Good morning. I posted this story at the end of the main article. Not sure it shows up anywhere. It's about a Reeve Aleutian Electra that landed at one of the remote Alaska airports. The crew was never alerted that the runway was all ice. Strong crosswind so when they touched down the plane started to weathervane into the wind. With no braking the captain used the power on the upwind side and the rudder to keep it under some sort of control as he accelerated to go around/ no leave !. A passenger noted the foam from the thrust on the ocean as they lifted off at the runway's end. One of those days where they earned their pay ! It was in either Airways Magazine or Airliners quite a few years ago. Certainly a day where the Electra's great power came in handy.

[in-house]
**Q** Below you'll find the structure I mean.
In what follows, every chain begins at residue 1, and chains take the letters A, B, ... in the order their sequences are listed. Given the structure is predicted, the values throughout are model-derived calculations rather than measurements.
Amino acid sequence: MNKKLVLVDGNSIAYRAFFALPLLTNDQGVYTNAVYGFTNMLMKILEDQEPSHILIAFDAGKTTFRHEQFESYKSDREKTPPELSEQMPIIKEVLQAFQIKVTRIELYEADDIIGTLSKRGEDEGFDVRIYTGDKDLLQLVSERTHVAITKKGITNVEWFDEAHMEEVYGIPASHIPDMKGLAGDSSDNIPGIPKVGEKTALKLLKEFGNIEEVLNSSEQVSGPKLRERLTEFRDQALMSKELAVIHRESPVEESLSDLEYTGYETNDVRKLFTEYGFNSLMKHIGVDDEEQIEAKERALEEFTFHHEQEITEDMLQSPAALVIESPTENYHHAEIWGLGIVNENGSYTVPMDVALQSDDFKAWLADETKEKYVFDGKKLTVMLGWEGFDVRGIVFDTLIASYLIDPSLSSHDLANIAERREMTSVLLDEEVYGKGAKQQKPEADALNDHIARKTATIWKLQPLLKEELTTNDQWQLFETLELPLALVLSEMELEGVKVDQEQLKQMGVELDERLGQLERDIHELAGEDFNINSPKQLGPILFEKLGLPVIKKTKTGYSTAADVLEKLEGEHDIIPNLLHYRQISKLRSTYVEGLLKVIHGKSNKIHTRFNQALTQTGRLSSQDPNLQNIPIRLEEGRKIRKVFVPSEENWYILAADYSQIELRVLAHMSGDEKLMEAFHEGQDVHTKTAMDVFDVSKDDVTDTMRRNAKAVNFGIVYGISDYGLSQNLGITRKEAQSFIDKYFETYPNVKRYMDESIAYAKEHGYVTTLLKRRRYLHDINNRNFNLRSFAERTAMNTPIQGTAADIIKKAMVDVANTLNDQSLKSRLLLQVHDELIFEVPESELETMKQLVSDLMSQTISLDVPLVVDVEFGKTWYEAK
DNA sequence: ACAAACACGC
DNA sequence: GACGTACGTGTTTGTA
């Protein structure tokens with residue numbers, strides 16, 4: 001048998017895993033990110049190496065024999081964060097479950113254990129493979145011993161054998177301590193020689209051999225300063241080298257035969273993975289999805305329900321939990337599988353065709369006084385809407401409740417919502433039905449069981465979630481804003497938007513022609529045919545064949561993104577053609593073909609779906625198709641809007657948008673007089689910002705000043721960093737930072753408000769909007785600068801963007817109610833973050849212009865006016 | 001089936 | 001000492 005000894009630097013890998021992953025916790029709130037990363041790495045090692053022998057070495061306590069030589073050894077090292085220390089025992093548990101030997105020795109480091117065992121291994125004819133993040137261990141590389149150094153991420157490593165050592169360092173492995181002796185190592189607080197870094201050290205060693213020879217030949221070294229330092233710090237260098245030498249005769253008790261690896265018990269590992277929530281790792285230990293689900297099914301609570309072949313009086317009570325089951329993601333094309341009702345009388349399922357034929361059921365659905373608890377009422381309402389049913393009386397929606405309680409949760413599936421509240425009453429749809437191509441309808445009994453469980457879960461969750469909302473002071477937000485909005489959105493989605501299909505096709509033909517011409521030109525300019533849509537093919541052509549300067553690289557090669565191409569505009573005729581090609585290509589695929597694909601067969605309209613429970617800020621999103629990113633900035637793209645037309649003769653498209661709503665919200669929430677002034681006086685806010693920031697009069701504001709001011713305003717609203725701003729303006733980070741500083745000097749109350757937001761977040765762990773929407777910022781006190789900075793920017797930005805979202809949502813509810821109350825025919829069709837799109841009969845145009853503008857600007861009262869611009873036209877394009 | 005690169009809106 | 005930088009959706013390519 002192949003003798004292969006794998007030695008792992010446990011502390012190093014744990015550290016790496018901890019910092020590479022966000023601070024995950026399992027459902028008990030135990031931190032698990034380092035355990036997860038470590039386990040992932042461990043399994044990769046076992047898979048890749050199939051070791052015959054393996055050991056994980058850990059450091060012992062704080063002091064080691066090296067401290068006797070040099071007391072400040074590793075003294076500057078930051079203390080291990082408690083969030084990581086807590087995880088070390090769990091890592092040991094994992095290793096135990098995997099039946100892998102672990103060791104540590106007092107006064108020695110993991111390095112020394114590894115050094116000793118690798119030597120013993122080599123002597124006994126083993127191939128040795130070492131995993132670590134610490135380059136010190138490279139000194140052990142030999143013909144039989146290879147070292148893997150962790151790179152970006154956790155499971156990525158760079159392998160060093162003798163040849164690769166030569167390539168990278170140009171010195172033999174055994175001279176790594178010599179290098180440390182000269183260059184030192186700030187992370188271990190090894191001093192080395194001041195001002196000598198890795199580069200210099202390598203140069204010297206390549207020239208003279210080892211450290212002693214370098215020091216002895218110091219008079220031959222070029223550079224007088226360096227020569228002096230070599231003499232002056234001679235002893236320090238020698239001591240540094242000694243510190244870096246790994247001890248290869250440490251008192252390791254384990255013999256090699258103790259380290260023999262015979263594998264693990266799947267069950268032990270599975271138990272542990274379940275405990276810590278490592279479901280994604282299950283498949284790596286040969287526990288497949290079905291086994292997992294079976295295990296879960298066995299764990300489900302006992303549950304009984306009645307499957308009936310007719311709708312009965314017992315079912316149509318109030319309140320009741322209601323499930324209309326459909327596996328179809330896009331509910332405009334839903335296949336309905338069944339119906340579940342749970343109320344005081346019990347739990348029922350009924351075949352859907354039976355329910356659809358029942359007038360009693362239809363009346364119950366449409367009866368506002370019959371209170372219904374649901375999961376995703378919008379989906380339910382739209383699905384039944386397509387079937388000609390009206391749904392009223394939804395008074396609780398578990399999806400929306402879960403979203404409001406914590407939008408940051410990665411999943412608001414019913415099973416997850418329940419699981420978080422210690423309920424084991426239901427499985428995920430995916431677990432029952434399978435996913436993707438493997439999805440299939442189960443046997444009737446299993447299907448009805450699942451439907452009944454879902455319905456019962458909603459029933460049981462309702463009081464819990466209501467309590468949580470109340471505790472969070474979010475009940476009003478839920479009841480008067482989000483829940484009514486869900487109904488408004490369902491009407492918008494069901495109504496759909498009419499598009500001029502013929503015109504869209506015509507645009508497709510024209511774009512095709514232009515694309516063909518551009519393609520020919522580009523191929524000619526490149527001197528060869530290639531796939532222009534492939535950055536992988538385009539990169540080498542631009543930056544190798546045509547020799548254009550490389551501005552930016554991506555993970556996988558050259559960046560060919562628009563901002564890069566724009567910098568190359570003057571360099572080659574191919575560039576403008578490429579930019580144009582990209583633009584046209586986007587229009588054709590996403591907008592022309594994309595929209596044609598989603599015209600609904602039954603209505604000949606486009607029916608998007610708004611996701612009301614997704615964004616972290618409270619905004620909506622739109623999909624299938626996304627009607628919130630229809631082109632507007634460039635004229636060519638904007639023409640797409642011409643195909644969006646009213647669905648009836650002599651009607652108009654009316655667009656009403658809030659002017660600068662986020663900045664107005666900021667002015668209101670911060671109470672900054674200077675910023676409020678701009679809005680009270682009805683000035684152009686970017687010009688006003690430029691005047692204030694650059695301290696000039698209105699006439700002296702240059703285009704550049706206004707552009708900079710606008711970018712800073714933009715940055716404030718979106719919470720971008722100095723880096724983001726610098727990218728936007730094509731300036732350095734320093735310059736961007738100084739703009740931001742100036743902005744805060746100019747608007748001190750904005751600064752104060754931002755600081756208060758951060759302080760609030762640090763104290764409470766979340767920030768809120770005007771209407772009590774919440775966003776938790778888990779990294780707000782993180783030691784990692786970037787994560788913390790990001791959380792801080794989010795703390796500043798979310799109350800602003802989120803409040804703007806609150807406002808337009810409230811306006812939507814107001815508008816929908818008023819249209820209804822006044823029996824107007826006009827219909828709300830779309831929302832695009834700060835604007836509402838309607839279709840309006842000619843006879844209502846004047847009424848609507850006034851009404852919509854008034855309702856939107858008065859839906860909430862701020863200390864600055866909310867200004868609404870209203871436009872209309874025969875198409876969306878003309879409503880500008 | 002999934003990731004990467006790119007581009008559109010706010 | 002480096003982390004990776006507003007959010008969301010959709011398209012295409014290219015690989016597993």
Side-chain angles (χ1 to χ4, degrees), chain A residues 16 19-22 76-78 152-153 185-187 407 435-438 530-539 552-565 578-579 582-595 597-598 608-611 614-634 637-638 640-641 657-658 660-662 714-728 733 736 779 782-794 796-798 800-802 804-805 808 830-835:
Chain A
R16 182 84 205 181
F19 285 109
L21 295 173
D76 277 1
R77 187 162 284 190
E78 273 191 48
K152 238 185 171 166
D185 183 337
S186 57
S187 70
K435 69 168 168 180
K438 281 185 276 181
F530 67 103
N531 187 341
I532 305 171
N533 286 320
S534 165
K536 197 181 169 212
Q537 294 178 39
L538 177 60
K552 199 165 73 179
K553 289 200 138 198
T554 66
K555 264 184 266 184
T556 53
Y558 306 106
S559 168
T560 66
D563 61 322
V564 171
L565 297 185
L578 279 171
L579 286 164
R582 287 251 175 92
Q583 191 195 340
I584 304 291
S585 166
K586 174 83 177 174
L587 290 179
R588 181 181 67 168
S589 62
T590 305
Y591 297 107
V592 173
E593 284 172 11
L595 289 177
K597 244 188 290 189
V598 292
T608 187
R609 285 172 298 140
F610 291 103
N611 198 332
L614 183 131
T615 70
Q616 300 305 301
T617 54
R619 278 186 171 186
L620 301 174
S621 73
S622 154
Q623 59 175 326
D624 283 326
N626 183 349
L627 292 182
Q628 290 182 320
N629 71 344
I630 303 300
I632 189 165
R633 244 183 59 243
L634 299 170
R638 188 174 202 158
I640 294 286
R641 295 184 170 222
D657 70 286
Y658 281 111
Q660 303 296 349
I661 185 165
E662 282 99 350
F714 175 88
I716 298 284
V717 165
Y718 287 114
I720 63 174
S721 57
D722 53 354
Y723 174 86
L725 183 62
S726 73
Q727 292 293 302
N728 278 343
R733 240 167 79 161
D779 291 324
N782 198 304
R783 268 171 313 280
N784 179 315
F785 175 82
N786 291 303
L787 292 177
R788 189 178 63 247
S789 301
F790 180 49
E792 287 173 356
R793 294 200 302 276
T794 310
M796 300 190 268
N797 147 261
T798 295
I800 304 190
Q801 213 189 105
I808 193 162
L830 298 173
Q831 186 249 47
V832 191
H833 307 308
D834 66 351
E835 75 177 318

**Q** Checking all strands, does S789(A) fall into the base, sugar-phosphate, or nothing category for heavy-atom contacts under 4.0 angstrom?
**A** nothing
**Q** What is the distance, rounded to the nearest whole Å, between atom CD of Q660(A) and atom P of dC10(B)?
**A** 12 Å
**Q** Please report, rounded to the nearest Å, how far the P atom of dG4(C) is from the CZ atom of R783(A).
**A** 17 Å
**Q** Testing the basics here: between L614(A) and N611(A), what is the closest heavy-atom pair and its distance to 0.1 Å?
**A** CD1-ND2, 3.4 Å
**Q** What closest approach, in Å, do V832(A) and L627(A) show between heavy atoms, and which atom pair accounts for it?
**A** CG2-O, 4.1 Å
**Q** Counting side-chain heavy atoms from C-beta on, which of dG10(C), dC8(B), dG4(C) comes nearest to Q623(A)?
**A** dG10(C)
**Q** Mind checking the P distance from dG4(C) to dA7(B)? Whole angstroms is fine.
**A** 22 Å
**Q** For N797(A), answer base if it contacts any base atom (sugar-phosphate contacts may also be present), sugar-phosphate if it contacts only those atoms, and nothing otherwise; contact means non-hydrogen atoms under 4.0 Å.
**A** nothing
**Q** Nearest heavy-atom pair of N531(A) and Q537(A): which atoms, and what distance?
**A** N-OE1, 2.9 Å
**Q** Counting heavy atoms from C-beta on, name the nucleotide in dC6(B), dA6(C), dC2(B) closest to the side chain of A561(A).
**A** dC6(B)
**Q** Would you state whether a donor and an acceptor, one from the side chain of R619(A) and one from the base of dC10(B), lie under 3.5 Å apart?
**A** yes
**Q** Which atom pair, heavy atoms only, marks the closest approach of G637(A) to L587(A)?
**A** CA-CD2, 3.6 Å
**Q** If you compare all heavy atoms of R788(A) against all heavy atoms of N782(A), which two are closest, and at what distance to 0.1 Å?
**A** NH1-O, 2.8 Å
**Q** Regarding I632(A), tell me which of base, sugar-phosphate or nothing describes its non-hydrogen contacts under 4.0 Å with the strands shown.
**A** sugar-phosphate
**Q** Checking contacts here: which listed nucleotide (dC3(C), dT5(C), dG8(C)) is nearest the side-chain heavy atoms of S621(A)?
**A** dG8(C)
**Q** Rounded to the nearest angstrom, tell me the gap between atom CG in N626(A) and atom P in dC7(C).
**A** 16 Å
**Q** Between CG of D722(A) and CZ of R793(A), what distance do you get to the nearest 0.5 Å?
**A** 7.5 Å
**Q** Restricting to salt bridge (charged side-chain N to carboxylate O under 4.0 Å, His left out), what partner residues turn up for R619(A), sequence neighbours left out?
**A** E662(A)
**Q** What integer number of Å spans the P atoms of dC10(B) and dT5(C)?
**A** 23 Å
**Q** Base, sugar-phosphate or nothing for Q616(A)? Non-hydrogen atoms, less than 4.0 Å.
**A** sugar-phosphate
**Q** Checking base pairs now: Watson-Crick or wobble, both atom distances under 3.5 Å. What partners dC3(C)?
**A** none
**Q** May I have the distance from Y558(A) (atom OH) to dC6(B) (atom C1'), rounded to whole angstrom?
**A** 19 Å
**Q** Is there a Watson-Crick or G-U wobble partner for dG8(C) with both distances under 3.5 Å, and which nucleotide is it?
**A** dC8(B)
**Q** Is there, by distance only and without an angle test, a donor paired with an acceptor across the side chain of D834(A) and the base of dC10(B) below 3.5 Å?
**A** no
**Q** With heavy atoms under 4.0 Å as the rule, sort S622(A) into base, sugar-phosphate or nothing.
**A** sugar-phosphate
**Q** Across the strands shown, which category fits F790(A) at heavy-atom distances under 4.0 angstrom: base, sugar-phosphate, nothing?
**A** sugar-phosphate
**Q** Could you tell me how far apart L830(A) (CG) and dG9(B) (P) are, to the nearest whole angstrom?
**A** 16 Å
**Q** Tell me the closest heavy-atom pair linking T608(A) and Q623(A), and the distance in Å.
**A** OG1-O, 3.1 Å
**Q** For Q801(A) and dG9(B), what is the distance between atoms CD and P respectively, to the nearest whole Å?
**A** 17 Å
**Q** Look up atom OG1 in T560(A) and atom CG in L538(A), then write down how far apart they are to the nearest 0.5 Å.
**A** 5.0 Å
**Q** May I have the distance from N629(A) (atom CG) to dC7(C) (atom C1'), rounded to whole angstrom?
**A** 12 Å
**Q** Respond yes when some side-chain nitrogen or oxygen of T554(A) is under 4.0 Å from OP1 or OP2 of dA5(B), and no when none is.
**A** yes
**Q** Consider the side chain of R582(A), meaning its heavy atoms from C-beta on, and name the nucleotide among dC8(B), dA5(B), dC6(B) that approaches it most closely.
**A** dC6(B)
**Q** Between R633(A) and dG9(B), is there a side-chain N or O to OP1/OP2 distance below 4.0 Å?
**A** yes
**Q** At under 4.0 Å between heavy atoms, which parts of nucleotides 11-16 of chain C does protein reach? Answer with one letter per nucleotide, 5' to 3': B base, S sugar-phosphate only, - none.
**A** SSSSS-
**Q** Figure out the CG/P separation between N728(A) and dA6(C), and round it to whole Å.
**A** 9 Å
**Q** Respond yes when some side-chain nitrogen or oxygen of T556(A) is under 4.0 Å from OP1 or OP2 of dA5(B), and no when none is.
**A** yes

WhiteKnight77 1
I always loved watching the P-3s fly the pattern at Futenma while I was there. It was so graceful.
Larry White 1
My dear father was a test engineer on these engines at GM Allison Gas Turbine in Indpls. He was very upset of the Tell City crash,, worried that the engines failed but they didn't. I also built the 501 at the plant and also some of the smaller gas turbines, 250, C20, C30s. Plus we re-fabbed the props. I loved going into the test cell when he was setting up a 501, took almost a day, the he would run it 24 hrs at different speeds and power settings. CAVU here in DFW but in 30s.
I remember during my days at Western Airlines, an old story going around about an Electra that powered itself out of the deep mud when it went off the runway. Does anyone know if that's a true story? I think it was in SAN.
Edward Ludwig 1
I jumped on an Eastern L-188 out of Newark. I got to sit mid cabin in the aft facing seat.